Tax Code passed despite mass protests
After days of mass protests throughout the country, fights and bitter recriminations in parliament, the Tax Code was passed on Thursday evening. Analysts criticize the haste with which measures have been taken without consideration of the likely consequences, including a considerable increase in unemployment.
The BBC Ukrainian Service reports that earlier Prime Minister Azarov had asserted that only those who hadn’t read it could criticize it. After demonstrations gathered many thousands outside the Verkhovna Rada, as well as on the main squares of other cities, Azarov claimed that the protests were testimony to democracy in Ukraine. “We have a free country, therefore those who saw the minuses in the Code came out onto the street and expressed their opposition. The government treated these citizens, their legitimate interests with respect, however, I stress, we are taking the decision in the interests of the overwhelming majority of our society”.
In an interview to Deutsche Welle , Vasyl Yurchyshyn from the authoritative Razumkov Centre, criticized the government for “pushing through” the Tax Code at such speed, without having analyzed the social consequences of major changes for small business, especially the level of unemployment. “No analysis was made of the likely drop in the level of employment. We are talking not only about the trade sector, but the service industry, construction and transport. Nobody assessed what types of work can be provided for those who reject private enterprise. If the state pursues such policy, it should set out such kind of programme for stimulating employment, the programme for retraining people who lose their work or business. I have heard nothing of such programmes.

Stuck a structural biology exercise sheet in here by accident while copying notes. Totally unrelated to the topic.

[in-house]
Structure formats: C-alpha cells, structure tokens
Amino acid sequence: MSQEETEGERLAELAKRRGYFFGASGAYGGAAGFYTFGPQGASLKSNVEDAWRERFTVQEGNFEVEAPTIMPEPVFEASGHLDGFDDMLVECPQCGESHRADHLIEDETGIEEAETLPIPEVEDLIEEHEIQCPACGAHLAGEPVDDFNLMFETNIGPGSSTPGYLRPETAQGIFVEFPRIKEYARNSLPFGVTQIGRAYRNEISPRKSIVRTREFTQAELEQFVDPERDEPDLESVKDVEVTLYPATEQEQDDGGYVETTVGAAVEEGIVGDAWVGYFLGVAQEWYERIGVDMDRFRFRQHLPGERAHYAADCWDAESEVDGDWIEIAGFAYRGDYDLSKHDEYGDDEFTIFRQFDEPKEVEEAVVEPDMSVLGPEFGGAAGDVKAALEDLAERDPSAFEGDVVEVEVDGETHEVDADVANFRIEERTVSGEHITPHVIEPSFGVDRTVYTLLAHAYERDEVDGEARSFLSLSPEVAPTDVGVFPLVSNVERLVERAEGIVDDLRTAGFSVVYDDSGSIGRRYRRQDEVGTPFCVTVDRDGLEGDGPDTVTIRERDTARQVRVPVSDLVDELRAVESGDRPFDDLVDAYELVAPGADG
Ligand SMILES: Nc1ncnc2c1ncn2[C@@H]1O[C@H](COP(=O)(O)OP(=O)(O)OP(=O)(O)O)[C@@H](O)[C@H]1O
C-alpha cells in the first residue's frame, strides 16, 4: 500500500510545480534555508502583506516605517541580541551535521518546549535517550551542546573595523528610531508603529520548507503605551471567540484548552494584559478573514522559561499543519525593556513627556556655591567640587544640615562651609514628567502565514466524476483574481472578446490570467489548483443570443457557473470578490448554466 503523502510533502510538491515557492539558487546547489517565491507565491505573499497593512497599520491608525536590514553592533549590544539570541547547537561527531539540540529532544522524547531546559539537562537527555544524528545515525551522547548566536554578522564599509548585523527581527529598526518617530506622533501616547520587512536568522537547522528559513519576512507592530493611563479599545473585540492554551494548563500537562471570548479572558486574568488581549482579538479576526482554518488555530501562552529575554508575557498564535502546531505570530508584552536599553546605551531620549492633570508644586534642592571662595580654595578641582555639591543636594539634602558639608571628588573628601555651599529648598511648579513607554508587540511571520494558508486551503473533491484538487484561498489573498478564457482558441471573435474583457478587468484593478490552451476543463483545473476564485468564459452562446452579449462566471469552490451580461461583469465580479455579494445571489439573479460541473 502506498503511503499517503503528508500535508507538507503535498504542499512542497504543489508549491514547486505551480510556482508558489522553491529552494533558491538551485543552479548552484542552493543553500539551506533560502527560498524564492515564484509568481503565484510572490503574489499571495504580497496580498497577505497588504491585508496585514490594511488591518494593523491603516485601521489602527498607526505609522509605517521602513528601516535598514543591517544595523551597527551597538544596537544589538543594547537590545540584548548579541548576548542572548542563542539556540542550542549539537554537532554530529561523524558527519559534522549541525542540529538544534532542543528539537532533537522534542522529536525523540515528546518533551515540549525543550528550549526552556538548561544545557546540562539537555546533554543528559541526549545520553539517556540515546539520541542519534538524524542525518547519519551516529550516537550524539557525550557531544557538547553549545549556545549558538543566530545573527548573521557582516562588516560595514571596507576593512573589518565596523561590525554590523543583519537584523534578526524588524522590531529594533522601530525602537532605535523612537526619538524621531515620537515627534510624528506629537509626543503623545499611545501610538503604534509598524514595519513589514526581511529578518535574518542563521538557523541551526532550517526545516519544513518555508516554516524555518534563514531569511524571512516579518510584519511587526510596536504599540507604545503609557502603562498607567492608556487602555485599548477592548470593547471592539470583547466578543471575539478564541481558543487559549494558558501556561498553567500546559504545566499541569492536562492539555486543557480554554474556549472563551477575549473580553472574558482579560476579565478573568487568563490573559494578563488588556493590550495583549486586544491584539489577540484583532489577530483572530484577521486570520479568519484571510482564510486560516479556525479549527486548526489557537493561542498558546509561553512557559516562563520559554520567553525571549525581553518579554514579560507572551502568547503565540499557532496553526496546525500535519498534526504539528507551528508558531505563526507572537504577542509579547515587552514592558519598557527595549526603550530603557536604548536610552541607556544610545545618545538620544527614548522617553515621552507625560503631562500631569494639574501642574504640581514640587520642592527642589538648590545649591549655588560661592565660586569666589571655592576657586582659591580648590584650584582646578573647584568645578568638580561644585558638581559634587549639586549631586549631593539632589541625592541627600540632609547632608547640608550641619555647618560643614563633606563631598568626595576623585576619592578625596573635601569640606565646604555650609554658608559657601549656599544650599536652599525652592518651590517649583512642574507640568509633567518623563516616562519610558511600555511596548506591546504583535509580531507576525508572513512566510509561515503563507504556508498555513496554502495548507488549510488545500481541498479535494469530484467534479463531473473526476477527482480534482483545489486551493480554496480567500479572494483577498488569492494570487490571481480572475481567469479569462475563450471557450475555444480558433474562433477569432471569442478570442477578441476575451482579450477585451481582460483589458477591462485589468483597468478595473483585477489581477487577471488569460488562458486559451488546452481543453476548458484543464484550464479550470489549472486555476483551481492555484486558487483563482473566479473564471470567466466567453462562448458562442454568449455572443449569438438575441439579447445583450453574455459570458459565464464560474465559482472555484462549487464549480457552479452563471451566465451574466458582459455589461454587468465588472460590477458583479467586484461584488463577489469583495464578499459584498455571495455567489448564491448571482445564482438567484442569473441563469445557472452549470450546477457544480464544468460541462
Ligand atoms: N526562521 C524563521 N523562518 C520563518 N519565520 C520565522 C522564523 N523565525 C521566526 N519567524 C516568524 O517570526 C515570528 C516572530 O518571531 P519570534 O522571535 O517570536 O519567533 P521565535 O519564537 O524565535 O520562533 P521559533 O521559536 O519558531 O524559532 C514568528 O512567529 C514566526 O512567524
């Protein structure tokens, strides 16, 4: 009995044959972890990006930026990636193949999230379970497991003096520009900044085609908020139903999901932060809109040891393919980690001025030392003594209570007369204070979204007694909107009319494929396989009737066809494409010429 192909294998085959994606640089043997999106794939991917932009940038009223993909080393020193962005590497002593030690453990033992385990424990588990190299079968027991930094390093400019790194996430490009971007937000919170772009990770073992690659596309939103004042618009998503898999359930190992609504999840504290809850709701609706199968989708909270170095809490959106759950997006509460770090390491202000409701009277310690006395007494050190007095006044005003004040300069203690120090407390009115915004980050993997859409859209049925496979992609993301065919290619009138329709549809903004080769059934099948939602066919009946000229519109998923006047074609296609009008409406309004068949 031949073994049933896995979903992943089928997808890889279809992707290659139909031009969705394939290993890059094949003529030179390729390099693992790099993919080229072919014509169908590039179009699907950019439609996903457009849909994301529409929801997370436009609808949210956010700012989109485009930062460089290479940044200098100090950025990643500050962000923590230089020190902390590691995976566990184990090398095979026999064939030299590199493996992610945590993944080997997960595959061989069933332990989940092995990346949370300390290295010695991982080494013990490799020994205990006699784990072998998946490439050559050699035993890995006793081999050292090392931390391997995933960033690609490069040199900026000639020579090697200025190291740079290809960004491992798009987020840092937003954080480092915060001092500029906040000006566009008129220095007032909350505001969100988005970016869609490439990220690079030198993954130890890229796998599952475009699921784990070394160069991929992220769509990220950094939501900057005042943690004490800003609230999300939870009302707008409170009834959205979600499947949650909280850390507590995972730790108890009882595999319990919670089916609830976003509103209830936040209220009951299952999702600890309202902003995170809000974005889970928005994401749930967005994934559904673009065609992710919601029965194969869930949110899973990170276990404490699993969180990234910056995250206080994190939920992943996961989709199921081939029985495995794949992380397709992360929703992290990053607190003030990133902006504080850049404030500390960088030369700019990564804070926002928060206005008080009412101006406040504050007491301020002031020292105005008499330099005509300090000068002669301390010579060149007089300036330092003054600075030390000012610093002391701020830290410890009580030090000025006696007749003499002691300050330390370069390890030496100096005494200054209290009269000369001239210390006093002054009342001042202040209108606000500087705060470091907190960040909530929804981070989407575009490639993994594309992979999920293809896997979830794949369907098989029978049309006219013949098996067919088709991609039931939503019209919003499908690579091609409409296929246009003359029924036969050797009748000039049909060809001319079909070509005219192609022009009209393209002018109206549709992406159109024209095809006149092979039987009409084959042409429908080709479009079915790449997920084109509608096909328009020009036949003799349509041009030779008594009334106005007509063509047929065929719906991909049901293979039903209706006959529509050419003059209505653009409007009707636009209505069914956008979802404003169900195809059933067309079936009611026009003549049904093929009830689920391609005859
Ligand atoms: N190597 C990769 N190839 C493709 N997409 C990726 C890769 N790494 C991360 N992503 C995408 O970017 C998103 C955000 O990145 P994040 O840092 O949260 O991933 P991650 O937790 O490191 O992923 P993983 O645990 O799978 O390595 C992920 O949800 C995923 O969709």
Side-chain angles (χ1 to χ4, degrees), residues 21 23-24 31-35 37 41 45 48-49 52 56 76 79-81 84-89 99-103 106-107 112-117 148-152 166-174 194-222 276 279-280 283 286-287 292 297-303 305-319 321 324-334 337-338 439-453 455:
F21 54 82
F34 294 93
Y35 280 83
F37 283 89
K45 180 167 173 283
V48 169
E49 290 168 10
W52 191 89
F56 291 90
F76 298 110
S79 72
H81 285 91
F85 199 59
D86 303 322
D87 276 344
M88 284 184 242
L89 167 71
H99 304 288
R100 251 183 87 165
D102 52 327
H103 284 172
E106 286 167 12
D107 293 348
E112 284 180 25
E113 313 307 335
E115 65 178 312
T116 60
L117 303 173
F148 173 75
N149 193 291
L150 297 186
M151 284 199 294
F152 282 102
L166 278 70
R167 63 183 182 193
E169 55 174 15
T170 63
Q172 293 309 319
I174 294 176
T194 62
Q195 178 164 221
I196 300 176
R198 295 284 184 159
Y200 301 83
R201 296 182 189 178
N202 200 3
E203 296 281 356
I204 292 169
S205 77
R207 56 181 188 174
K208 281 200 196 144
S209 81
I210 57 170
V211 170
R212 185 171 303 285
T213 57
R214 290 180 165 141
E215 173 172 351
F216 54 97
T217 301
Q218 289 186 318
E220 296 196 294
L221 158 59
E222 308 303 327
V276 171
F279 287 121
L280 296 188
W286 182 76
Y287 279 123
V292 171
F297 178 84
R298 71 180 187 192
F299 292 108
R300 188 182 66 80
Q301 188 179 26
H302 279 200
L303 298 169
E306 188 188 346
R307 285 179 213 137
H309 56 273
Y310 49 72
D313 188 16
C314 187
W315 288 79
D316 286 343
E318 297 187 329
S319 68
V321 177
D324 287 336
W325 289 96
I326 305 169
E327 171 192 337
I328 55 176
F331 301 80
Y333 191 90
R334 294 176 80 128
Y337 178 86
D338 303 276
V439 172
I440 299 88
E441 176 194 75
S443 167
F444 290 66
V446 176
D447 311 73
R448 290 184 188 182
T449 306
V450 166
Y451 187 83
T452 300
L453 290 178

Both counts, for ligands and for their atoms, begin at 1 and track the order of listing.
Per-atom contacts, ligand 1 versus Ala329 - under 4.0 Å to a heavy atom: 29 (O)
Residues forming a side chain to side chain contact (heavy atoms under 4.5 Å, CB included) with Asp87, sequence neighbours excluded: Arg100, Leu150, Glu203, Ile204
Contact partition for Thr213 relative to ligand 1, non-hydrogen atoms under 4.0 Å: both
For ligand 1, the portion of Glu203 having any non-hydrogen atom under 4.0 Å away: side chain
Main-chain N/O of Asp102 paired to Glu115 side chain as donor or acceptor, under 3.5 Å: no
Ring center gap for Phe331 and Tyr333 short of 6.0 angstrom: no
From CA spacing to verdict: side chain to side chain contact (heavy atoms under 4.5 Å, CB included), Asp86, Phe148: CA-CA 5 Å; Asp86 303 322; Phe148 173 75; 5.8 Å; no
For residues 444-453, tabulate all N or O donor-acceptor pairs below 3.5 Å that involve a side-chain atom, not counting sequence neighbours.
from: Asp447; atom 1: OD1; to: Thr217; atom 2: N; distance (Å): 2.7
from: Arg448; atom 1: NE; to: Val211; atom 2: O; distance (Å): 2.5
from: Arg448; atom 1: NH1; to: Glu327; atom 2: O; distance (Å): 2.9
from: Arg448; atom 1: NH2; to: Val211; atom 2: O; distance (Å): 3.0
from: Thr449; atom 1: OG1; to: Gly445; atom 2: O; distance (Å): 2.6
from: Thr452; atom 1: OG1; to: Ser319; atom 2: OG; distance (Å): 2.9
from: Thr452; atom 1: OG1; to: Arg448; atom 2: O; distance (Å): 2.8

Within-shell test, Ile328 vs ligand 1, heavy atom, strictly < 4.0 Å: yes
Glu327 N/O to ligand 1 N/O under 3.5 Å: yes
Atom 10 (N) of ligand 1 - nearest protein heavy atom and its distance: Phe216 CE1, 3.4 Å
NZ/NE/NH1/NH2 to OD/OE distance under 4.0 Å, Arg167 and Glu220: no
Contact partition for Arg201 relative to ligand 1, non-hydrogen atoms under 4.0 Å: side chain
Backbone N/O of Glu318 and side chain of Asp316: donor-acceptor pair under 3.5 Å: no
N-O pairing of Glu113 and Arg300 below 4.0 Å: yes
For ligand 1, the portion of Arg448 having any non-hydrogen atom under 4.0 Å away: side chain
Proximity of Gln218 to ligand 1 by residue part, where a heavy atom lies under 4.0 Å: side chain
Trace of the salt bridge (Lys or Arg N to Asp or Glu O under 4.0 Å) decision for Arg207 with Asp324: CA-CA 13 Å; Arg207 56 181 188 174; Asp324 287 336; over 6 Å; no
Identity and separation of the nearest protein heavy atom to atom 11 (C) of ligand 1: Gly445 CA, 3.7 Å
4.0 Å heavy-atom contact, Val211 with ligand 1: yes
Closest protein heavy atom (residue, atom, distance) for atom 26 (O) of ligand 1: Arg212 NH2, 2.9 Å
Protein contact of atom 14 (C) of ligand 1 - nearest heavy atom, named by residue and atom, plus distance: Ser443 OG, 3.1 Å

He believes that a significant increase in unemployment will be only an added strain on public funding. This will mean that the aim of better supplementing the Pension Fund, declared by the government, will not be achieved. He also expects that a fair number of businesspeople will move into the shadow economy. “In a country where the system of tax administration is near the worst in the world, one cannot expect that small businesses will agree to work on “general conditions”, when these are simply too bad.